By Geoff Berkeley |
The National Collegiate Athletic Association (NCAA) has announced that Mark Emmert will end his long reign as head of the organisation.
Emmert has led the governing body for North American college sport since 2010 but NCAA has confirmed that he will step down following a “mutual agreement” between the President and its Board of Governors.
The 69-year-old is expected to remain in position until June next year unless a new President is announced prior to that date.
John J DeGioia, chair of the NCAA Board of Directors, claimed the move allowed the organisation to elect Emmert’s successor “without disruption”.
The announcement of Emmert’s departure comes just 12 months after his contract was extended until 2025.
“Throughout my tenure I’ve emphasised the need to focus on the experience and priorities of student-athletes,” said Emmert.
“I am extremely proud of the work of the association over the last 12 years and especially pleased with the hard work and dedication of the national office staff here in Indianapolis.”
The NCAA said it was in the process of “transforming the structure and mission to meet future needs” after announcing a new constitution in January.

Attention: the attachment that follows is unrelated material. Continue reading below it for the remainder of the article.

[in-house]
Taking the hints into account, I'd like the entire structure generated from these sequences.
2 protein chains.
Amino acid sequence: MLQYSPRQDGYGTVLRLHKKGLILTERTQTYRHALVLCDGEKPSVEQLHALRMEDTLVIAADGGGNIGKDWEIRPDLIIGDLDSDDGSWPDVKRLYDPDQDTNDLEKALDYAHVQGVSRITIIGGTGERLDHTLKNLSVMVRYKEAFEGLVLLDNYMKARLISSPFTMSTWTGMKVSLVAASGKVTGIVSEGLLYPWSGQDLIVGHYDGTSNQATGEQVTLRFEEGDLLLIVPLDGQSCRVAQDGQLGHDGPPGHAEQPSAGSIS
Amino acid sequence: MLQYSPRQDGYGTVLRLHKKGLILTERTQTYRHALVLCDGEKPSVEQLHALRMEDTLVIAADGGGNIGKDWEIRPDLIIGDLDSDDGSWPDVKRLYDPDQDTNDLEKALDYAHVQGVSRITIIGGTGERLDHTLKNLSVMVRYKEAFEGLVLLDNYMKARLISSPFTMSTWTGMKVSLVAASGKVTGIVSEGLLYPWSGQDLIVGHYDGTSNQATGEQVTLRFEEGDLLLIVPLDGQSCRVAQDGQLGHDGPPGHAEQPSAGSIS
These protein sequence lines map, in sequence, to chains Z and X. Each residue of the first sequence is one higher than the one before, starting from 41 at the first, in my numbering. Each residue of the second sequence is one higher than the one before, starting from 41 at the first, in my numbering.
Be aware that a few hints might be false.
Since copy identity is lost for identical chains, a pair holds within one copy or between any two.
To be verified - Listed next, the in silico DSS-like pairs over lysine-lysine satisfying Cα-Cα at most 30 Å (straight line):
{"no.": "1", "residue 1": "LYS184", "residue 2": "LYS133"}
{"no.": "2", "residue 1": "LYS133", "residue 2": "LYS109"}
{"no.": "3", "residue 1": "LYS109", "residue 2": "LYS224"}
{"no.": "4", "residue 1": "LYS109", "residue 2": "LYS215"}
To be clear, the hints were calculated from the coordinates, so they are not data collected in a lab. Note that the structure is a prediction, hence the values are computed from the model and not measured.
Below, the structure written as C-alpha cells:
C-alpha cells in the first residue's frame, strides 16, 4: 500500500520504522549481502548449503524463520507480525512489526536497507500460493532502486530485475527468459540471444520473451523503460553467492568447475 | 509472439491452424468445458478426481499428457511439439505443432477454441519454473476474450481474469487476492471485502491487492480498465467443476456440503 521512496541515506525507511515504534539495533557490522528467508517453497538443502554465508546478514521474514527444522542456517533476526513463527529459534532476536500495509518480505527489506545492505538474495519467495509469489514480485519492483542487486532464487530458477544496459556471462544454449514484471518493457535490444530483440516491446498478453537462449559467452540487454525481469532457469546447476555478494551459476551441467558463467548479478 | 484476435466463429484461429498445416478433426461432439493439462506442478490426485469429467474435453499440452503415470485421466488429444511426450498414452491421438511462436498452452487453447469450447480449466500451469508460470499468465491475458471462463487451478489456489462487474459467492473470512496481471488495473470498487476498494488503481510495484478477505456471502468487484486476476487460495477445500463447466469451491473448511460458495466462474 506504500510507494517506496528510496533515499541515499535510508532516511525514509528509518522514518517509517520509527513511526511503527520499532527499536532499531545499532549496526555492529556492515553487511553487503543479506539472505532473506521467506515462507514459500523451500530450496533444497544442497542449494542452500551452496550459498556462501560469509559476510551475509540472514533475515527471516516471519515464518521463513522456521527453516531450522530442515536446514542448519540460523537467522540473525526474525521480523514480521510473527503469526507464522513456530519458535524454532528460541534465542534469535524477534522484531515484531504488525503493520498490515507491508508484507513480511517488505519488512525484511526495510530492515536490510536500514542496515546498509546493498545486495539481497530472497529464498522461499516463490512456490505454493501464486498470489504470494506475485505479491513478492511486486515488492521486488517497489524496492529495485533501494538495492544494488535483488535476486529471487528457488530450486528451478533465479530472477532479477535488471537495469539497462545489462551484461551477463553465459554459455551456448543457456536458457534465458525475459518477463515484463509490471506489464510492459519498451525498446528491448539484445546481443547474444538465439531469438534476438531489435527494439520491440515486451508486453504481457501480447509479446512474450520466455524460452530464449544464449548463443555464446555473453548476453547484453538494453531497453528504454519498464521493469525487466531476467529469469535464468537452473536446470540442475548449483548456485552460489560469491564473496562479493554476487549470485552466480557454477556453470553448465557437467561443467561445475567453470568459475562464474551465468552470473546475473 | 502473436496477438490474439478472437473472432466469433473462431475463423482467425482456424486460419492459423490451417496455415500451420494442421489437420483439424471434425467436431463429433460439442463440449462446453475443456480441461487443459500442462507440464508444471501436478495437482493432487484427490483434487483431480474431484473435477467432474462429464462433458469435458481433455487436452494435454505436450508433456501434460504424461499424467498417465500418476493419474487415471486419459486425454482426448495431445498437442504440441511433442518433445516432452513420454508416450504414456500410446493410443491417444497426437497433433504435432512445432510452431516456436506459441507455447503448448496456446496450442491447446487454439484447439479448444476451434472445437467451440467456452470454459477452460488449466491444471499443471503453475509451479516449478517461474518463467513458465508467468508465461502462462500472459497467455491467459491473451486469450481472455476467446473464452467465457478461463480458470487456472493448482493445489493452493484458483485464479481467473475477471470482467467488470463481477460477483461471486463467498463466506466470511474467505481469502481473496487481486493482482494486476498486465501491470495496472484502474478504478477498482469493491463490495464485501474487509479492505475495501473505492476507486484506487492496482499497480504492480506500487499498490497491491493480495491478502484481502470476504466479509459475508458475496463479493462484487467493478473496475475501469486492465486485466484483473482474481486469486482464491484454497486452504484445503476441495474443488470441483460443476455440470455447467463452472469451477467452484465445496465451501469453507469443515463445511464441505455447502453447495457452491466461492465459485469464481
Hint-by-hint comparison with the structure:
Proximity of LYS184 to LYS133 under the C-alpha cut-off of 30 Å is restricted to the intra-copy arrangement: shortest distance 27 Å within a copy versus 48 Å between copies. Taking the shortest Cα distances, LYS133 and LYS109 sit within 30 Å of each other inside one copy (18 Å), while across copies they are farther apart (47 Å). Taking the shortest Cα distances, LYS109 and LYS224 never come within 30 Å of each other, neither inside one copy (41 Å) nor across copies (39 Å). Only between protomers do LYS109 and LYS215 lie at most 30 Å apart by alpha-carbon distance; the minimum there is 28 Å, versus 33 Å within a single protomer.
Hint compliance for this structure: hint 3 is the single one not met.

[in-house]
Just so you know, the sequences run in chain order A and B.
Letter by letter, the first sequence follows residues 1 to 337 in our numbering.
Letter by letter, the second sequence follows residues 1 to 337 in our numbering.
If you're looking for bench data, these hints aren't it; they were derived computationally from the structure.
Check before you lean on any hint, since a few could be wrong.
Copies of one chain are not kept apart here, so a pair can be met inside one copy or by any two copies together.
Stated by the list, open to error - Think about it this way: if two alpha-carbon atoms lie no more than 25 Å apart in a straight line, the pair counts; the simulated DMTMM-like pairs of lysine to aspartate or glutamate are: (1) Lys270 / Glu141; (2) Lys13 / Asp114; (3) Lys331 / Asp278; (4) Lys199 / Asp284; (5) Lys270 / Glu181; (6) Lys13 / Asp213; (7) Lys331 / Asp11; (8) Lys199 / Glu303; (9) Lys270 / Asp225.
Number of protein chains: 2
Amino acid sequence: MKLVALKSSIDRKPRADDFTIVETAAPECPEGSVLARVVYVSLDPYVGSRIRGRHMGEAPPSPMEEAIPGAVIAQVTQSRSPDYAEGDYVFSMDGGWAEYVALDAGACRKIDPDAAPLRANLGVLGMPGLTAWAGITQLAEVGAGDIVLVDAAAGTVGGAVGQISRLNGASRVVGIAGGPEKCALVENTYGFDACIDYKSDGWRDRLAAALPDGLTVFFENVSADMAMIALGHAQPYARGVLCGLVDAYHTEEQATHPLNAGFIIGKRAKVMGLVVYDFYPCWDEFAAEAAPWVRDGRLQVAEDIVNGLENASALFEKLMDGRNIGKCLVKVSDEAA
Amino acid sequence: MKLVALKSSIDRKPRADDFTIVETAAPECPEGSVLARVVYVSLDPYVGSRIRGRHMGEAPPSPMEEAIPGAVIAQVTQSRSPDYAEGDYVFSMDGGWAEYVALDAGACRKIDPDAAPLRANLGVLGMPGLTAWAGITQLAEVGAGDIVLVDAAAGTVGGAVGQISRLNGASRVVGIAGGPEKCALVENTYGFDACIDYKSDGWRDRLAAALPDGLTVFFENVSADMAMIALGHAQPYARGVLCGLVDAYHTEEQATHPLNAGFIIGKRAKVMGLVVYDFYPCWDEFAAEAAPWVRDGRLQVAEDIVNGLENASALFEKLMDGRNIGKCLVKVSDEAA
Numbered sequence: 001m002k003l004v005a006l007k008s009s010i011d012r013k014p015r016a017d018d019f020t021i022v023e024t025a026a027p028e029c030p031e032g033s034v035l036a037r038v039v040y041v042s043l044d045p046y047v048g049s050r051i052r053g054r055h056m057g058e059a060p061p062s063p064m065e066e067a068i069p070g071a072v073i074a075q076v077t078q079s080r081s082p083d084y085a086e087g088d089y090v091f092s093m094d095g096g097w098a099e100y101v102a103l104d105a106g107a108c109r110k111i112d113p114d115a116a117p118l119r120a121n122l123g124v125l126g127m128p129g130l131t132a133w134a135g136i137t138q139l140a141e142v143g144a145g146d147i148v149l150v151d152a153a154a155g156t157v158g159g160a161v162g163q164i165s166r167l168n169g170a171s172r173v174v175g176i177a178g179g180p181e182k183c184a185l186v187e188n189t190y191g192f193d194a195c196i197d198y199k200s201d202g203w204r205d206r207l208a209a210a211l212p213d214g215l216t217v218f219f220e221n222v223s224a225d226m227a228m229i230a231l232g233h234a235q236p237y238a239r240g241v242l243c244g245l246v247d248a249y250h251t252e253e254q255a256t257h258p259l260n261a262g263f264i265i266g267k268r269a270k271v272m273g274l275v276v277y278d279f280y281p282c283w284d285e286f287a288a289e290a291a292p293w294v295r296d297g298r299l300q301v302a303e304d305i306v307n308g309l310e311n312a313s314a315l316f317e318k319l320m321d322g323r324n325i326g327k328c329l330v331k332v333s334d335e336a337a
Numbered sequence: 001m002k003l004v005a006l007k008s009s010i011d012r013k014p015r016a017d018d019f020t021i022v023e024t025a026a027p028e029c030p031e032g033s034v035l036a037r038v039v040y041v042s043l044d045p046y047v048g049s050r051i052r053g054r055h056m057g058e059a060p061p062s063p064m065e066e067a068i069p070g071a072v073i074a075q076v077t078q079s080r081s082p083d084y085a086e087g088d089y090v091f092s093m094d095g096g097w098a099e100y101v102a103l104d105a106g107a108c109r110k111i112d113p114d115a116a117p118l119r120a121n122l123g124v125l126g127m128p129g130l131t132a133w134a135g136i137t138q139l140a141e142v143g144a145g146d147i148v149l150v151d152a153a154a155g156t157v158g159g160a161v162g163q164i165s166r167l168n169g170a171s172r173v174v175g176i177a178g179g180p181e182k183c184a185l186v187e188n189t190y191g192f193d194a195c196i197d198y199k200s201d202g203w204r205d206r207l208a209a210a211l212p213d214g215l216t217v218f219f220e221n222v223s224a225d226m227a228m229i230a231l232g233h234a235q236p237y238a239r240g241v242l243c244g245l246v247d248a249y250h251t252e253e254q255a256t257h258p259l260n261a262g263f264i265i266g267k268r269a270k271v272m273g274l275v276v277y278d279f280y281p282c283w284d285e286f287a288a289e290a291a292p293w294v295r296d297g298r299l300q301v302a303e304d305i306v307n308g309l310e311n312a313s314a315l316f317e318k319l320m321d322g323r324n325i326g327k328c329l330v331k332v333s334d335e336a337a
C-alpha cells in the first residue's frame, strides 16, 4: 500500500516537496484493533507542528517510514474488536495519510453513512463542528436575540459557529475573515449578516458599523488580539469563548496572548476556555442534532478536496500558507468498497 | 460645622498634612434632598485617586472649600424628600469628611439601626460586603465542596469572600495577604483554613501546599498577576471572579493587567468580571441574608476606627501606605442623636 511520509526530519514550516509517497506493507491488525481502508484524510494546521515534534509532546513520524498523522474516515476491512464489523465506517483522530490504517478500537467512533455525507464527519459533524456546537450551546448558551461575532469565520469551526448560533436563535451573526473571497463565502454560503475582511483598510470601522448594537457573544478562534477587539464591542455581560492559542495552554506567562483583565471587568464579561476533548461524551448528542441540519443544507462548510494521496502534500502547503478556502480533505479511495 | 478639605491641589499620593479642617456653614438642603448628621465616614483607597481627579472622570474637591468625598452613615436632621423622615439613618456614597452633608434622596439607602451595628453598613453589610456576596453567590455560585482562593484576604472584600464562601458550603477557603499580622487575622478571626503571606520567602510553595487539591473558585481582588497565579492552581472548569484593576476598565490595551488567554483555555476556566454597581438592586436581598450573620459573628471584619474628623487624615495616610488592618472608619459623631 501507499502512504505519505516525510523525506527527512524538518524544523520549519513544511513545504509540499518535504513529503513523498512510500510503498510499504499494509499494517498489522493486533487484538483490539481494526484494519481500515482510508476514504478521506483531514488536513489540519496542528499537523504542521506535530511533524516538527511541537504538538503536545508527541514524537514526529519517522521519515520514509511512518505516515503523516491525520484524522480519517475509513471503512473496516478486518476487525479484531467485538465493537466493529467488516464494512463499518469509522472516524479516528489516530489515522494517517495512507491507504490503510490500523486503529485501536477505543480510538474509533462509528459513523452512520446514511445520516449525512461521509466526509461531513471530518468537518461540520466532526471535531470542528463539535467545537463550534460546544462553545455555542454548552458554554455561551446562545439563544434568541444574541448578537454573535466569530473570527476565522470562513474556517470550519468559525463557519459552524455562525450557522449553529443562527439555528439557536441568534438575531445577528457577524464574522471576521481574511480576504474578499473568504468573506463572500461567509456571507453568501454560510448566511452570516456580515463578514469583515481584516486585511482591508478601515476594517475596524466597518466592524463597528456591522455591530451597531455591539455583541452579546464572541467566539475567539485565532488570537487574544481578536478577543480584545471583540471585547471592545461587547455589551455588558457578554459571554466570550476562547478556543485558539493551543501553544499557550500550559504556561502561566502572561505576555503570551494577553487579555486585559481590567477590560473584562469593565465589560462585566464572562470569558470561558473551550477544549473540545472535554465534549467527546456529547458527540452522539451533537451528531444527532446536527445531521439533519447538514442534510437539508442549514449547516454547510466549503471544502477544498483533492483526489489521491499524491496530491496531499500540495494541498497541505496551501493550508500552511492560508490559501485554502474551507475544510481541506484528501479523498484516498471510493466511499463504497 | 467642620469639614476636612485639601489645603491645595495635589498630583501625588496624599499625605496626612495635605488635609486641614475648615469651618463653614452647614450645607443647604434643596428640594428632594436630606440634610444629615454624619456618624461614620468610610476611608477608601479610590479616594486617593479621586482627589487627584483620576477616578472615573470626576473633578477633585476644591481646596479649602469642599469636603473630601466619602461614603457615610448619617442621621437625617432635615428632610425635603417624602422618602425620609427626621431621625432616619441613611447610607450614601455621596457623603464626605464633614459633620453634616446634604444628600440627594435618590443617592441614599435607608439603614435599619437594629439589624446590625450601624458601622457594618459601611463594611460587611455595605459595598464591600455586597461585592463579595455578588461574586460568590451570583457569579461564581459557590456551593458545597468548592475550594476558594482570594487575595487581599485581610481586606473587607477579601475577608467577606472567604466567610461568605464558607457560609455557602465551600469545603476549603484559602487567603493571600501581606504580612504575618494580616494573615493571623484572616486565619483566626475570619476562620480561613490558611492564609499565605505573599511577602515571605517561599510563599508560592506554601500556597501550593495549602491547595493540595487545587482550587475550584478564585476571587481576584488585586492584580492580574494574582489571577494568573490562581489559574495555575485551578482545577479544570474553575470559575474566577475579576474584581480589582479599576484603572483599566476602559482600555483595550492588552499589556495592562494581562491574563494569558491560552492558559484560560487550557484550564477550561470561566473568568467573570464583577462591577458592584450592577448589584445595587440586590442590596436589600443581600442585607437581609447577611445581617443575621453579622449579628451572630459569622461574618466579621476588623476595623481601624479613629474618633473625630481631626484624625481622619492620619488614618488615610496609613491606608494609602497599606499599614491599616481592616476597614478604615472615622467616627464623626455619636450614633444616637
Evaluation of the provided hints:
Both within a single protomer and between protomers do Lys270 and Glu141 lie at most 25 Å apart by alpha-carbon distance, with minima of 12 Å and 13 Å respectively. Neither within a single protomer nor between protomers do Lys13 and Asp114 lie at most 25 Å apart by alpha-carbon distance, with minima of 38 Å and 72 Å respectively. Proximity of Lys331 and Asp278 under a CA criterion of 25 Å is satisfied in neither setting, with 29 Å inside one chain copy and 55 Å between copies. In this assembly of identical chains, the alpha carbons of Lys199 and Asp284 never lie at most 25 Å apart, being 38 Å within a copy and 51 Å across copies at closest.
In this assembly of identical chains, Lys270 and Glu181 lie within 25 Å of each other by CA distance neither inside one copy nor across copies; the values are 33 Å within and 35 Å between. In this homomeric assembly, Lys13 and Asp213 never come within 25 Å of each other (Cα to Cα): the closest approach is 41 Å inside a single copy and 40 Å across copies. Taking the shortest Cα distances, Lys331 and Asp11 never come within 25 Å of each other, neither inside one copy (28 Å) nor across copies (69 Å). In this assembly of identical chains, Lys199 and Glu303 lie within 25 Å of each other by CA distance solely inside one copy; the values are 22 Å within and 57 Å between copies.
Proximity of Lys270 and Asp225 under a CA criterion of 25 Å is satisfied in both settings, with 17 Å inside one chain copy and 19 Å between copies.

“With the significant transitions underway within college sports, the timing of this decision provides the association with consistent leadership during the coming months plus the opportunity to consider what will be the future role of the President,” said DeGioia.
“It also allows for the selection and recruitment of the next President without disruption.”
Constitution changes follow a United States Supreme Court ruling in June last year, which backed athletes’ compensation rights, and several states passing legislation which allowed college athletes to make money from their name, image and likeness.
Student-athletes were previously unable to profit from their own likeness, with the NCAA stressing the need for them to be amateurs, but the state legislation led to the NCAA relaxing its rules.
The revised constitution still prohibits pay-for-play, the NCAA insists, but embraces providing additional educational and other benefits, including those for name, image and likeness
The NCAA Board of Directors approved the revised constitution in December, with the Convention rubber-stamping the changes in January and is set to come into effect from August 1.
Republished with permission from insidethegames.biz